Christmas celebrates the Word becoming Flesh, but writers who want readers to understand both past and present have a need for their words also to become flesh: They need to make names and dates come alive for their readers. That's particularly the case when historians and journalists want to make our hearts as well as our minds aware of the ravages of sin: Human interest holds our attention.
In This Immoral Trade: Slavery in the 21st Century (Monarch, 2006), Caroline Cox and John Marks give the human stories and specific detail behind what might otherwise seem like a statistic too immense to grasp: "At least 27 million men, women and children are slaves today."
This Immoral Trade has moving stories about what's becoming known-slavery in Sudan and Uganda-and also what's largely unreported: the sex slaves, forced porters, and child soldiers of Burma. A section on the history of Islamic slavery is particularly salient because so little has been written about it; as Bernard Lewis stated, "The documentation for a study of Islamic slavery is almost endless; its exploration has barely begun."
Alain Besancon's A Century of Horrors (ISI Books, 2007) also notes what is known-Nazi ruthlessness-and moves on to what only scholars and some conservatives have examined, the even greater number of murders by Communism. Besancon notes that "today's historical memory treats the two ideologies unequally to the point of seeming to forget communism," and gives statistics of word usage in a major newspaper during the 1990s: "Naziism" occurs 480 times, "Stalinism" 7; "Auschwitz," 105, "Kolyma," 2; "Magadan," 1 . . . "Ukrainian famine," 0.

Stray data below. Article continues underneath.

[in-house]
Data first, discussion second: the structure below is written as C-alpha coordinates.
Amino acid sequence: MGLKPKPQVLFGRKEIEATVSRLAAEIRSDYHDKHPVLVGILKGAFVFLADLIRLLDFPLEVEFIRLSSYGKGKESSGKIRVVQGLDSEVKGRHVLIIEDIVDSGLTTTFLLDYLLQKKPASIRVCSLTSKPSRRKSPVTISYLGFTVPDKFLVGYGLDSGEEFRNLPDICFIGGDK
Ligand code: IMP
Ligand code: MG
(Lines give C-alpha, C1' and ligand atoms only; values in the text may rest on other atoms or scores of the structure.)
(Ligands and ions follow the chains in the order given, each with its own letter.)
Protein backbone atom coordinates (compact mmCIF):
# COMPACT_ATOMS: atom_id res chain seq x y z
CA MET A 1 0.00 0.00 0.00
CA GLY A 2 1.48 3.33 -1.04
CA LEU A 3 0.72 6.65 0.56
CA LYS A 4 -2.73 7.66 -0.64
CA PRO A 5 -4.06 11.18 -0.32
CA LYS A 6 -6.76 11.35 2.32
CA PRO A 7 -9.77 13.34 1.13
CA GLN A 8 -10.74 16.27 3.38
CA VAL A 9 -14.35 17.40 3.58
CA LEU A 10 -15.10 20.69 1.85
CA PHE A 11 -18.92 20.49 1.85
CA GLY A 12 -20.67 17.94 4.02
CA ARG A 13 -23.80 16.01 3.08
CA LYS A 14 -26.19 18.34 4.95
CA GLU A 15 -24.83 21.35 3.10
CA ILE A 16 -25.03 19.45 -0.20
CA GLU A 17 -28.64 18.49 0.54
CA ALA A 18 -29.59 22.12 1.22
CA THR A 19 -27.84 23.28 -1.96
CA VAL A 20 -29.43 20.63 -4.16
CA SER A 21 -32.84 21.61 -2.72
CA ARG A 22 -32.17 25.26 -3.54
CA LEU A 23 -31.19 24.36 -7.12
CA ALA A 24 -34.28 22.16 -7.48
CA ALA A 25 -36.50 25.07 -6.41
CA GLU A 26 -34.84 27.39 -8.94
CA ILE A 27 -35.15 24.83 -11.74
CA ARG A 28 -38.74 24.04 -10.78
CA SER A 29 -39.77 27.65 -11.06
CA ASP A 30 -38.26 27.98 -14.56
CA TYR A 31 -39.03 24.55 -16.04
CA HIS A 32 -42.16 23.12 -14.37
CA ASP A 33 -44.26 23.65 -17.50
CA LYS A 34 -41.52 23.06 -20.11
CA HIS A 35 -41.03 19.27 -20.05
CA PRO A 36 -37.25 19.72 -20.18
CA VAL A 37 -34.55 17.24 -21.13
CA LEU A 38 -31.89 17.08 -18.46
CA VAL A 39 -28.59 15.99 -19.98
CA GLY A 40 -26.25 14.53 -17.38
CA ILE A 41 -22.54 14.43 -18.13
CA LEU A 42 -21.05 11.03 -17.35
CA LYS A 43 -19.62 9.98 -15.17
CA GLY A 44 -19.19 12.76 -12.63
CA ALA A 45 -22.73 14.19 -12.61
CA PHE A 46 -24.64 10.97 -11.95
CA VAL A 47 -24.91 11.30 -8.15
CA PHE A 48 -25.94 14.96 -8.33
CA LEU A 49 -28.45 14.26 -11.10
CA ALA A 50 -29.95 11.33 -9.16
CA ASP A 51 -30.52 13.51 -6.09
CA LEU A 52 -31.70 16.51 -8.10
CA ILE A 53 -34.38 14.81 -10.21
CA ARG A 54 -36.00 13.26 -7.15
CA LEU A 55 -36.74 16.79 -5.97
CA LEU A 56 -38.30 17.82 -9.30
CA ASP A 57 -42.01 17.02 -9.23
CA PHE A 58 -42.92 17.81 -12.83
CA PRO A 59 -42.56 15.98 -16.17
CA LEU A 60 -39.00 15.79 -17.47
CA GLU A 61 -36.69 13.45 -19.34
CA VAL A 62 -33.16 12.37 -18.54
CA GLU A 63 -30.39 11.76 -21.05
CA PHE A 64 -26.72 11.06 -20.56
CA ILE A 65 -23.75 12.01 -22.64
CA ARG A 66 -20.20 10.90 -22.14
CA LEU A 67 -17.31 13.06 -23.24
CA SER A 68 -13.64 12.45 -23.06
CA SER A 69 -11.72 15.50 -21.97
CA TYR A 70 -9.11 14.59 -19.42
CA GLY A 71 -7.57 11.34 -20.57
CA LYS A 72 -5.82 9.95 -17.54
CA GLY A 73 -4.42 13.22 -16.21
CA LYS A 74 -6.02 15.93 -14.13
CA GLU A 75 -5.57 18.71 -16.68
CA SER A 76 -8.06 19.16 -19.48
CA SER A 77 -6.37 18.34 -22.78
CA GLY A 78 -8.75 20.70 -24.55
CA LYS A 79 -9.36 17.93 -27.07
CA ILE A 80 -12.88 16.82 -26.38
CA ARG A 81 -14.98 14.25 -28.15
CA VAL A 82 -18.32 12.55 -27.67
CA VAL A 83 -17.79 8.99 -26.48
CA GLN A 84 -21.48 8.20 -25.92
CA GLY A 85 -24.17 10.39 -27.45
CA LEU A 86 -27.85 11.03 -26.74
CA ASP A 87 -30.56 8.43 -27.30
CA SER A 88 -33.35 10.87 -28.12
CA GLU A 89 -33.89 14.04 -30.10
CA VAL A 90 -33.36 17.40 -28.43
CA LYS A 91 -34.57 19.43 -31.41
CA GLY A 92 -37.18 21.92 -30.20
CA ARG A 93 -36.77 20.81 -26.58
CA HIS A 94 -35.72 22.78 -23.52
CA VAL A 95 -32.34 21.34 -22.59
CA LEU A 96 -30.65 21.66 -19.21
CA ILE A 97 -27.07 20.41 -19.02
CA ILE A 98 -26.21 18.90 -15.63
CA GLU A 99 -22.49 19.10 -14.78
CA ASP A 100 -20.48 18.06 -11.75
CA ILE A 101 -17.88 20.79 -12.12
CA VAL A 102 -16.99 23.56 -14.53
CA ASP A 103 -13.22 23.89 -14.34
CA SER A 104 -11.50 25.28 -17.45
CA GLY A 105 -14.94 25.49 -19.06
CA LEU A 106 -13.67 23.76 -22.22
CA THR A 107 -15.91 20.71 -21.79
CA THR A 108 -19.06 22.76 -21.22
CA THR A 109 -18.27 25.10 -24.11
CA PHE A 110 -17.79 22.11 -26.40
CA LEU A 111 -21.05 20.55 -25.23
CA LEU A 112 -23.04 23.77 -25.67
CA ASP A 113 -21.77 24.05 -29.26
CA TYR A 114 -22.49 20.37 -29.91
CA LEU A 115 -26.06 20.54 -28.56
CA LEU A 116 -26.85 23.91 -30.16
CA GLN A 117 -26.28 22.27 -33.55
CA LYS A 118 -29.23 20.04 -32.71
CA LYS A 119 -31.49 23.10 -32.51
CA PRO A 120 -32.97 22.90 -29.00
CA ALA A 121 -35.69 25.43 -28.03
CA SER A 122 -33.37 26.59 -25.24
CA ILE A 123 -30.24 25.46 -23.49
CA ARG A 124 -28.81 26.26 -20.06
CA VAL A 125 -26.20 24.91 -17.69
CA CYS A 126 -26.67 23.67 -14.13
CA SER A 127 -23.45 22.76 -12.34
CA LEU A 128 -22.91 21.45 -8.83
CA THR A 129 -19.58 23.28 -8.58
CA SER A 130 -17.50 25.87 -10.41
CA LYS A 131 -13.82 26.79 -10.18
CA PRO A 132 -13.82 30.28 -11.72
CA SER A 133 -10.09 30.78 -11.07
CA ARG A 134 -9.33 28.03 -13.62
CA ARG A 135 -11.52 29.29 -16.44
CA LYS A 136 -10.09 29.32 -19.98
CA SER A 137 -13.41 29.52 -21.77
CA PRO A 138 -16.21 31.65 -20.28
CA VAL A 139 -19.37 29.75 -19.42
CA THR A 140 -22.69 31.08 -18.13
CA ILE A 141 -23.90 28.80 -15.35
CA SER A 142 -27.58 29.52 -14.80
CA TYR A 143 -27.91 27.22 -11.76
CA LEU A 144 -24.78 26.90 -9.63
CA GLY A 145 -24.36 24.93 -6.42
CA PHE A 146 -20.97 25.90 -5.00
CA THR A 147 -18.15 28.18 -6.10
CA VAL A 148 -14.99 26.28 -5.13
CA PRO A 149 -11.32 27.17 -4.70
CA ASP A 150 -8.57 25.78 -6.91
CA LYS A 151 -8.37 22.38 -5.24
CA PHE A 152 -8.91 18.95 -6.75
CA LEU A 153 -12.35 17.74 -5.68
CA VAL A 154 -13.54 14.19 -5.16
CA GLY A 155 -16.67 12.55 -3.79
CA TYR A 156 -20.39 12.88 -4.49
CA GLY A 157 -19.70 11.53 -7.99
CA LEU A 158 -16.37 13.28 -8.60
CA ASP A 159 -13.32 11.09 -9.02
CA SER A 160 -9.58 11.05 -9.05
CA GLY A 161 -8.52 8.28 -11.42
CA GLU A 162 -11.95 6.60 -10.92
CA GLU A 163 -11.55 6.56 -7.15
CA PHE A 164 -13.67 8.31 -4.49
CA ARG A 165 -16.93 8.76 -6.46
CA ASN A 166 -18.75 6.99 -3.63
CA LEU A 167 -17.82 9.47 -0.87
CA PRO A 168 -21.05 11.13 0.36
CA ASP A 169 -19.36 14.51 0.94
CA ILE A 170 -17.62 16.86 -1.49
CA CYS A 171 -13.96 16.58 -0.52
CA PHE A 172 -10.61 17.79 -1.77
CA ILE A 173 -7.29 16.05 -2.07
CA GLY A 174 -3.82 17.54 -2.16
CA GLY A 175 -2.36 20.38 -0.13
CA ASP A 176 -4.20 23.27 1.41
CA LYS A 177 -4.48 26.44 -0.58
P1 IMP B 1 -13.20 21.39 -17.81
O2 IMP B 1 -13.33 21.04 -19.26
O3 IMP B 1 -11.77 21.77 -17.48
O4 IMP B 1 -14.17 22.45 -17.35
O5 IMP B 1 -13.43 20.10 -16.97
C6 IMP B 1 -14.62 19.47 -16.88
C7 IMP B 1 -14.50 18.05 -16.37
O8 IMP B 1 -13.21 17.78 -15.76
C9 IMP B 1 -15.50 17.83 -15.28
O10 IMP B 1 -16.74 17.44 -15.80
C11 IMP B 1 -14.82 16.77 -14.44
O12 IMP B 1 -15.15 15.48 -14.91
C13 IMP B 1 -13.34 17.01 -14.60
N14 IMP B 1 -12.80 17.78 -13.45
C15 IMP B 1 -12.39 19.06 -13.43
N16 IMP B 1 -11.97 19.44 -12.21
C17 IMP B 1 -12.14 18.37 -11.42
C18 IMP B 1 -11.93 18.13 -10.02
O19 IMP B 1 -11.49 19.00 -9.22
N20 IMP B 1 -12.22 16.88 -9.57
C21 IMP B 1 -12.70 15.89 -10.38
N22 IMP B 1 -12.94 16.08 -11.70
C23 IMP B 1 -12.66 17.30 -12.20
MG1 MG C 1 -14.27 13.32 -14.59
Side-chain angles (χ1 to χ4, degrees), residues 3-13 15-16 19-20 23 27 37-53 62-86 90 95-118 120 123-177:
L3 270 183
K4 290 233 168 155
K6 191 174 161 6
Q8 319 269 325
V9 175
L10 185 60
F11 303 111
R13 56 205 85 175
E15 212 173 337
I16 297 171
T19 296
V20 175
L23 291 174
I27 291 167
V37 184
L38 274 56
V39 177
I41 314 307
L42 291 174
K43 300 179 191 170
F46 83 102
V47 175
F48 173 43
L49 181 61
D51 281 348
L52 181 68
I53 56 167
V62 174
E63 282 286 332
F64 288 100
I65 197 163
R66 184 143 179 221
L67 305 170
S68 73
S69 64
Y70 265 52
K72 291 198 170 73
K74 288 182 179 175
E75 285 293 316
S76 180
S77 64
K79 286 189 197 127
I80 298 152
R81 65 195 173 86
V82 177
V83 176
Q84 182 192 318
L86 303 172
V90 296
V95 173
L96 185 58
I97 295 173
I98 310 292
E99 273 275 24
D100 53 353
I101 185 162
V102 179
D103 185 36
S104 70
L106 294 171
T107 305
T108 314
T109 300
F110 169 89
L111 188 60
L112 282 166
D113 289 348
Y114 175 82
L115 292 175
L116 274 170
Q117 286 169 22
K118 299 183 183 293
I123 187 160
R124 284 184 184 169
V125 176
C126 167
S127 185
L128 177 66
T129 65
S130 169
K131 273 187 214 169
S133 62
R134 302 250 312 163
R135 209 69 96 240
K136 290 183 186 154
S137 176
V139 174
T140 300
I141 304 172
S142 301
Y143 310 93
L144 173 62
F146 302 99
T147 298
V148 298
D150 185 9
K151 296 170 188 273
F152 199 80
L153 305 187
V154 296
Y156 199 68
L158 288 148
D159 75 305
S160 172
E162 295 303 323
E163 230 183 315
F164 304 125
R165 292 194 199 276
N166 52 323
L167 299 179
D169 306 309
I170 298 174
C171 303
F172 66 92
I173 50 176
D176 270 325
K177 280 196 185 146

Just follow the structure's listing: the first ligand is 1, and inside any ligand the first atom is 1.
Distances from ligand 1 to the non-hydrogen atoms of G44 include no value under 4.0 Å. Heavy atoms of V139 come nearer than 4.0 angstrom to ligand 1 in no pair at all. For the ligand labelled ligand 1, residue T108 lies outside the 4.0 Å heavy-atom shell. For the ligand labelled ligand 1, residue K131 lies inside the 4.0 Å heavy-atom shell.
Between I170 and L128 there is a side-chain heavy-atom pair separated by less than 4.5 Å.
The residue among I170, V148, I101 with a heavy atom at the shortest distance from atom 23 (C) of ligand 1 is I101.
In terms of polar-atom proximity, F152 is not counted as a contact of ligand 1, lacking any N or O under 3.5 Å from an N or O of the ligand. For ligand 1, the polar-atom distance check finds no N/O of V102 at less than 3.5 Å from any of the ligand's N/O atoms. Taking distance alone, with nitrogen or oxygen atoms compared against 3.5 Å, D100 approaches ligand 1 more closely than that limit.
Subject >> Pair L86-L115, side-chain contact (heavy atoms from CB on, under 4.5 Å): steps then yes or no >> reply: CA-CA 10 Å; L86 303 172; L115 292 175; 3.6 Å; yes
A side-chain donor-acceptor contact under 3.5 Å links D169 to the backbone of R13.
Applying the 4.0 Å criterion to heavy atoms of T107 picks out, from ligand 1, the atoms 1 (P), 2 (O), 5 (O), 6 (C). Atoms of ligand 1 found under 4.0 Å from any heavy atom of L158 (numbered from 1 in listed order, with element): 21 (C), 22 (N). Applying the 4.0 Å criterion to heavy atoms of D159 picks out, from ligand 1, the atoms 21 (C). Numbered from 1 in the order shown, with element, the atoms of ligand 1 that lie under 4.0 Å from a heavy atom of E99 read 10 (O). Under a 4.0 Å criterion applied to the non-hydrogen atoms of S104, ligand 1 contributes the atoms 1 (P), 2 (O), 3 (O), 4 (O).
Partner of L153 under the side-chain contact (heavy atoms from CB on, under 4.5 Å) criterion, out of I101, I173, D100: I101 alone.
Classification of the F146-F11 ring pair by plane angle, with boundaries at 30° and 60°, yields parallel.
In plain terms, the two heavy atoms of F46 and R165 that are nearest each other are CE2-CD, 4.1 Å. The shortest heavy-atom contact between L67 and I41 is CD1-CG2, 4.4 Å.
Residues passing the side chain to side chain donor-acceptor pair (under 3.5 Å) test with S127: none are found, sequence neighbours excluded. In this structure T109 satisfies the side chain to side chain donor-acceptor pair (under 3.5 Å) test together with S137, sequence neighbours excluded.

(Kolyma is the area of northeastern Siberia where Josef Stalin placed many of his concentration camps; Magadan is its chief town and port. The Ukranian famine was a government-created famine that led to 5 million to 6 million deaths in 1933.)
Two books make the battles of brother against brother come alive. Harry Stout's Upon the Altar of the Nation: A Moral History of the Civil War (Viking, 2006) is a thoughtful response to books glorifying a contest that by early 1865 had become almost a bottomless pit of horrors. Sun Shuyun's The Long March: The True History of Communist China's Founding Myth (Doubleday, 2006) shows that the ruthlessness of Mao Zedong and other Communist leaders began early; as in the Soviet Union and Spain during the 1930s, Chinese revolutionaries were often more in danger when bucking the Party line than when on the front lines.
All those books make sobering reading, but-as is often the case-fiction shows best the friction of ethnicities and ideologies in combat, as well as the opportunities for healing. Michael O'Brien's Island of the World (Ignatius, 2007) is one of the best Christian novels about forgiveness and grace I've ever read. Its central character is Josip Lasta, a child born in Bosnia in 1933 who loses all he loves at the hands of Serbian nationalists during World War II and Tito's Communists during the 1950s.
The book is long but hard to put down. It includes brilliant scenes of the love of a father for his son, of terror that would make a boy want to die, of a wondrous love at first sight, of terror that would make a man want to die, of a prison island where only dreams of vengeance keep a man from dying, of despair that outweighs vengeance, and of a tipping point where grace outweighs despair.
In the end, the book is about the worst and the best. Flashbacks of the hell Josip has seen keep him from even entering a church. He yearns to leave this world and finds God sending him to a new world. Crucifixion, through God's providence, leads to resurrection, and in turn the opportunity to save other lives. Such a summary of Island of the World sounds theoretical and dry: O'Brien, though, like the best novelists, turns words into flesh.